Happy Fourth (but don’t shoot down my drone)!

Source: Man Ordered to Pay for Shooting Down Trespassing Drone – Lowering the Bar

Just in time for celebration-type explosions, a warning comes from Kevin Underhill’s Lowering the Bar: If your neighbor flies his own little drone over your property and you shoot it down (reminding me suddenly of that song, “Bang Bang [my baby shot me down”] and aren’t you going to thank me for the minutes I spent searching for  a video of Lady Gaga singing it?)…

Where was I? Oh, yeah. If you fly your home-made drone over your own property and your neighbor’s son shotguns it (reminding me of yet another song), you can demand full reimbursement.

I give you Lowering the Bar’s first paragraphs, with a bolded section that caused me to burst out laughing. (And there’s a picture of the wounded drone, too, which looks like something out of the brilliant, powerful movie, “District 9.”*)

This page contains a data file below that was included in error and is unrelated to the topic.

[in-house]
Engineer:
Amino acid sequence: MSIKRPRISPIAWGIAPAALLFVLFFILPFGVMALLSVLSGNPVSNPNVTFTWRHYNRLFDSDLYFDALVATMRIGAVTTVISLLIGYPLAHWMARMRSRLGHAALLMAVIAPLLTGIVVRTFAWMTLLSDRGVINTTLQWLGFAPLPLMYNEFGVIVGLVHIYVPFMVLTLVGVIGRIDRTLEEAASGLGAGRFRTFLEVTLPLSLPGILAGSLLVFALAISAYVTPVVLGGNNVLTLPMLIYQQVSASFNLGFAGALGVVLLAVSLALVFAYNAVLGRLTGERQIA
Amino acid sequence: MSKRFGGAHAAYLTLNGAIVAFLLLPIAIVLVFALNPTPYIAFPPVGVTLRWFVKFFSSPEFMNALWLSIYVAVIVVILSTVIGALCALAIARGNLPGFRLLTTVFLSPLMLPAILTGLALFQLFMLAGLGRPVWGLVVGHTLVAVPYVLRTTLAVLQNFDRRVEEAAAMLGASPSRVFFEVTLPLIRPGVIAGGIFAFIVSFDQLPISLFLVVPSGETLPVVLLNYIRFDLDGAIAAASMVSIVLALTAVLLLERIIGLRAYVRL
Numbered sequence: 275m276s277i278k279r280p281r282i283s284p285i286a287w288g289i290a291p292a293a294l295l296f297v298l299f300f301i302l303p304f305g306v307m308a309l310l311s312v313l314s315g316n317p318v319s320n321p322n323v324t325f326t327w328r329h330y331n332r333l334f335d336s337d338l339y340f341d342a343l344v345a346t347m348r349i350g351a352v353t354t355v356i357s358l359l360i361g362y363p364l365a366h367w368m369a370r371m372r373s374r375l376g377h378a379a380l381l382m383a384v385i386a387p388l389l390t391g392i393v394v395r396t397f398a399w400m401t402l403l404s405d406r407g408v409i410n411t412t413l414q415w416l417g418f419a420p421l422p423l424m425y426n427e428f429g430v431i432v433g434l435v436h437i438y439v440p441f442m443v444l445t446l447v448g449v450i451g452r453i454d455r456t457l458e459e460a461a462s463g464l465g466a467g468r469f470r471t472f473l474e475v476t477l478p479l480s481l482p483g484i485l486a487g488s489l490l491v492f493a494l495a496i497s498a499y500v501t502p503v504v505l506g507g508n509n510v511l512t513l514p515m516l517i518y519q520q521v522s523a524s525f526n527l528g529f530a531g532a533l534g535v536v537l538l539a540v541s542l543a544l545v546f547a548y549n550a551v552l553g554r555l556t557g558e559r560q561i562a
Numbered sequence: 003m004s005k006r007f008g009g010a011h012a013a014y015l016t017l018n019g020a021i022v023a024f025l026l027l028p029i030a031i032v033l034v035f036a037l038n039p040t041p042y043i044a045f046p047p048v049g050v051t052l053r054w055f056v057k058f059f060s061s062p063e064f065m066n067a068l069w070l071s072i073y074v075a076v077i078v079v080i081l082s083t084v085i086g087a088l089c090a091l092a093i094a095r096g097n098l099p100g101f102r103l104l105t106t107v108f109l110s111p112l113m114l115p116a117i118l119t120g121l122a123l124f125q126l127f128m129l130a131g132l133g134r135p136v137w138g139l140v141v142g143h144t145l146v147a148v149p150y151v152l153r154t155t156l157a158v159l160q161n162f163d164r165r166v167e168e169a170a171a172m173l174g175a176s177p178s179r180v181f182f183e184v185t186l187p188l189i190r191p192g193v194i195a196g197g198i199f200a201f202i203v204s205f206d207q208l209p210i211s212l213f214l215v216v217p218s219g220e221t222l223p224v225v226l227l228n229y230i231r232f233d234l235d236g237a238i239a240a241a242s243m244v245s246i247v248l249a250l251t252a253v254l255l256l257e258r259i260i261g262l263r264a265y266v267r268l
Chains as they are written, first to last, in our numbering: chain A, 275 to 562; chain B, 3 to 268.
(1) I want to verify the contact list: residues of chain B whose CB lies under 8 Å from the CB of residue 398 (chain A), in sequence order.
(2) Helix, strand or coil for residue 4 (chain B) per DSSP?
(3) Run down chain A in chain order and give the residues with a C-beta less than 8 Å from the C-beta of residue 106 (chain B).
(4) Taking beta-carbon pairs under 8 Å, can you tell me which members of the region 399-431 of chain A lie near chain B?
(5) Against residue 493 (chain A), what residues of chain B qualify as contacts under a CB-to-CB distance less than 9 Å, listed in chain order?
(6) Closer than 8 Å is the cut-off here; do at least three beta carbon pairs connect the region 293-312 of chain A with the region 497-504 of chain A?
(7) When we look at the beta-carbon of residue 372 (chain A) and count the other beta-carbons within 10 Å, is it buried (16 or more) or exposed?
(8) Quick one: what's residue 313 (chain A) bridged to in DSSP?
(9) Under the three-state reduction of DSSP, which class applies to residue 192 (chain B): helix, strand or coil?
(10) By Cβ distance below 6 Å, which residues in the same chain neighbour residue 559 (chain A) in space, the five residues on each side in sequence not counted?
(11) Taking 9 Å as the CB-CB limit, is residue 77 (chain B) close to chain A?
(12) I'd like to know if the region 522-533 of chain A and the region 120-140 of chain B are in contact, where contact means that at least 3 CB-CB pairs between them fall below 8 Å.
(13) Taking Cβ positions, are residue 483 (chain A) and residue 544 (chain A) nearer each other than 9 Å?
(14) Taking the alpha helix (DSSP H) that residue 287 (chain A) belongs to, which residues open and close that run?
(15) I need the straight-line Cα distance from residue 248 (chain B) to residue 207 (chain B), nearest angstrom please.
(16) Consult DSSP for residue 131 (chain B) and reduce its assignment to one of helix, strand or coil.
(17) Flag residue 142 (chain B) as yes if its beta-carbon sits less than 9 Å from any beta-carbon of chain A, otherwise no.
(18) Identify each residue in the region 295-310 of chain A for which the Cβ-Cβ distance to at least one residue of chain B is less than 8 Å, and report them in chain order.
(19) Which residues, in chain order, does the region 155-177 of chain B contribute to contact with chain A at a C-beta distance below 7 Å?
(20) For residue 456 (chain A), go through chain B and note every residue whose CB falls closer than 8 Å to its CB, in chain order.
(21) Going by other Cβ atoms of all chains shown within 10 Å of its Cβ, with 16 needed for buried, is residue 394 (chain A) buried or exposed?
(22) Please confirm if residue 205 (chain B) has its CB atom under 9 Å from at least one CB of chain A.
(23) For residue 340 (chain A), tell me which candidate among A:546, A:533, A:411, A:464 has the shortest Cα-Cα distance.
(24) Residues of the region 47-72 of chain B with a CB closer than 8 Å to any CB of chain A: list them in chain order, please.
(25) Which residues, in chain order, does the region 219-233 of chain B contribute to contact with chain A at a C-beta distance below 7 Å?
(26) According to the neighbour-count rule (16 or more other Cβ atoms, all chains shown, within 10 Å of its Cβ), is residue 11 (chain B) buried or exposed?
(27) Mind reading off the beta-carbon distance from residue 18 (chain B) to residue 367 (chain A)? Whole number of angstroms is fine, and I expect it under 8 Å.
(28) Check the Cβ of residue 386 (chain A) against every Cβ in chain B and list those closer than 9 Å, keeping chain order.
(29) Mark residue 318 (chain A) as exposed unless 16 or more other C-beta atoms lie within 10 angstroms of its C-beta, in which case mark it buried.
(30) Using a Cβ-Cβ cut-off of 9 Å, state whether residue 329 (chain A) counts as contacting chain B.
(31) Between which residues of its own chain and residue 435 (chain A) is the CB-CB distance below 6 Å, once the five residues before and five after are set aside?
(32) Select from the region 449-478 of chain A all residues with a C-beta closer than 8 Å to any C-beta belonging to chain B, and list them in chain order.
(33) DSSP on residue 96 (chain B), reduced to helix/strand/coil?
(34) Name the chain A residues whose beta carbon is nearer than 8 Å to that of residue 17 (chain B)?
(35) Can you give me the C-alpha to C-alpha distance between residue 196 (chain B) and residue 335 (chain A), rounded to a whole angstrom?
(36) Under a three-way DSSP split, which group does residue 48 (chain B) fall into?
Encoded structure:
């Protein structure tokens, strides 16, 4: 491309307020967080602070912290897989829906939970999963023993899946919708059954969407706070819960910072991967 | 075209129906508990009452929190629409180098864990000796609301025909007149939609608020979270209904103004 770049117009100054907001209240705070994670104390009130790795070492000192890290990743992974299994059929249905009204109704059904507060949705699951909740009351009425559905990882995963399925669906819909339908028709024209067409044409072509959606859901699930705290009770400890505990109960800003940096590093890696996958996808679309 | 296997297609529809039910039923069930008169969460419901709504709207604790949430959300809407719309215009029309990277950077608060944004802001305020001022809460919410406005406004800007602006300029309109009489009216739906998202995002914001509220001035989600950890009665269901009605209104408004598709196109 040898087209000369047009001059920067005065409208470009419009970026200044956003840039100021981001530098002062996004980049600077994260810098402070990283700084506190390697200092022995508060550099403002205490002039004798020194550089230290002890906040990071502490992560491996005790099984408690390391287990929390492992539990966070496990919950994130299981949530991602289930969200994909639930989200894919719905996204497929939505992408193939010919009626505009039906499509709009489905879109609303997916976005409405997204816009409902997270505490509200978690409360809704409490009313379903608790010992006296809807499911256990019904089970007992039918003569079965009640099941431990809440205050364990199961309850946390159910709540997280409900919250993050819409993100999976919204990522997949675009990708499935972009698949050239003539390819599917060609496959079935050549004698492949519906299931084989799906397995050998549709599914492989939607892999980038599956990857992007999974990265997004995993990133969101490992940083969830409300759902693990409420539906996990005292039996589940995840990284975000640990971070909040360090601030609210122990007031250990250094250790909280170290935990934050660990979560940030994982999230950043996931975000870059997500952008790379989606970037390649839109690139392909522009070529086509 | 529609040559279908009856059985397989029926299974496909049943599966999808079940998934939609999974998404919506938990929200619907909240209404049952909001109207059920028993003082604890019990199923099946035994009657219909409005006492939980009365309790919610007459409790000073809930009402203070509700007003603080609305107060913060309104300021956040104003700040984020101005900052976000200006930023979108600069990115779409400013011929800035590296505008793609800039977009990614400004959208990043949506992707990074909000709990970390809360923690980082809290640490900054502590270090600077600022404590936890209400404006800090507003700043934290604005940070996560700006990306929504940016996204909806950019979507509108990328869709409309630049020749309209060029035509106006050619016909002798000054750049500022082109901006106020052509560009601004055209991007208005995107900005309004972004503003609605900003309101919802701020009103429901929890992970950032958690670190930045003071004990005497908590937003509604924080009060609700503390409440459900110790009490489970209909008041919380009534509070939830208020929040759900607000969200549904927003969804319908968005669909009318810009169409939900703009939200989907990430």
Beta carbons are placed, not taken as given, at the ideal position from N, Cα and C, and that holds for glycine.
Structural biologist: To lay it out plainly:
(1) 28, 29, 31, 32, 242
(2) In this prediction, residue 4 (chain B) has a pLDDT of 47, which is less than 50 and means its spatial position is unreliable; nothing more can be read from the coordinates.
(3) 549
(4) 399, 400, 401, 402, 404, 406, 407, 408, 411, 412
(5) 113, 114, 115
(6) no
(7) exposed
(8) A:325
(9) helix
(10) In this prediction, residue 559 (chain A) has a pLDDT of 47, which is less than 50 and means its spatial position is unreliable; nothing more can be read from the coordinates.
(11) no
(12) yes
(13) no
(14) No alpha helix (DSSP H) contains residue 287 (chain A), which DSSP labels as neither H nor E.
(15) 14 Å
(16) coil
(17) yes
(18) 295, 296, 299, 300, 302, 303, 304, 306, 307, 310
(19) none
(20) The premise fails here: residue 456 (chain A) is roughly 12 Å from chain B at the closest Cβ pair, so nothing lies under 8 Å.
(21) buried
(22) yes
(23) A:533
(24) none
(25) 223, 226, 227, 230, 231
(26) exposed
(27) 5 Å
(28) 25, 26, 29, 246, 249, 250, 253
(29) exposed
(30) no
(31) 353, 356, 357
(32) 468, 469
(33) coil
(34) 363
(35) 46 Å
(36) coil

Many of you will be outside this weekend, so a little drone advice seems timely. Or maybe it’s shotgun advice. Take your pick.

Ars Technica reported recently that a drone operator in California had prevailed in a legal dispute with the man who killed his drone. In a one-sentence order, the local small-claims court held that the man “acted unreasonably” when he directed his son to blow the drone out of the sky with a 12-gauge (which his son promptly did).


The Victim
(Photo: Eric Joe)

According to the report, Eric Joe lives in San Francisco but was in Modesto visiting his parents when this occurred. He brought along what he described as “a homemade hexacopter drone” (seen here post-shooting). On November 28, a hexacopter took to the skies. Three minutes later, after a loud bang, a quintacopter fell back to earth.

There’s much much more to this story, including Underhill’s analysis of the correspondence between the drone parent and the drone killer, and all of it is hilarious. Feel free to read it.

*I fully intended to give you another video, a trailer for the movie, but have spared you from a Doritos ad that blasted my limited patience.


This entry was posted in Law, suits and order and tagged , . Bookmark the permalink.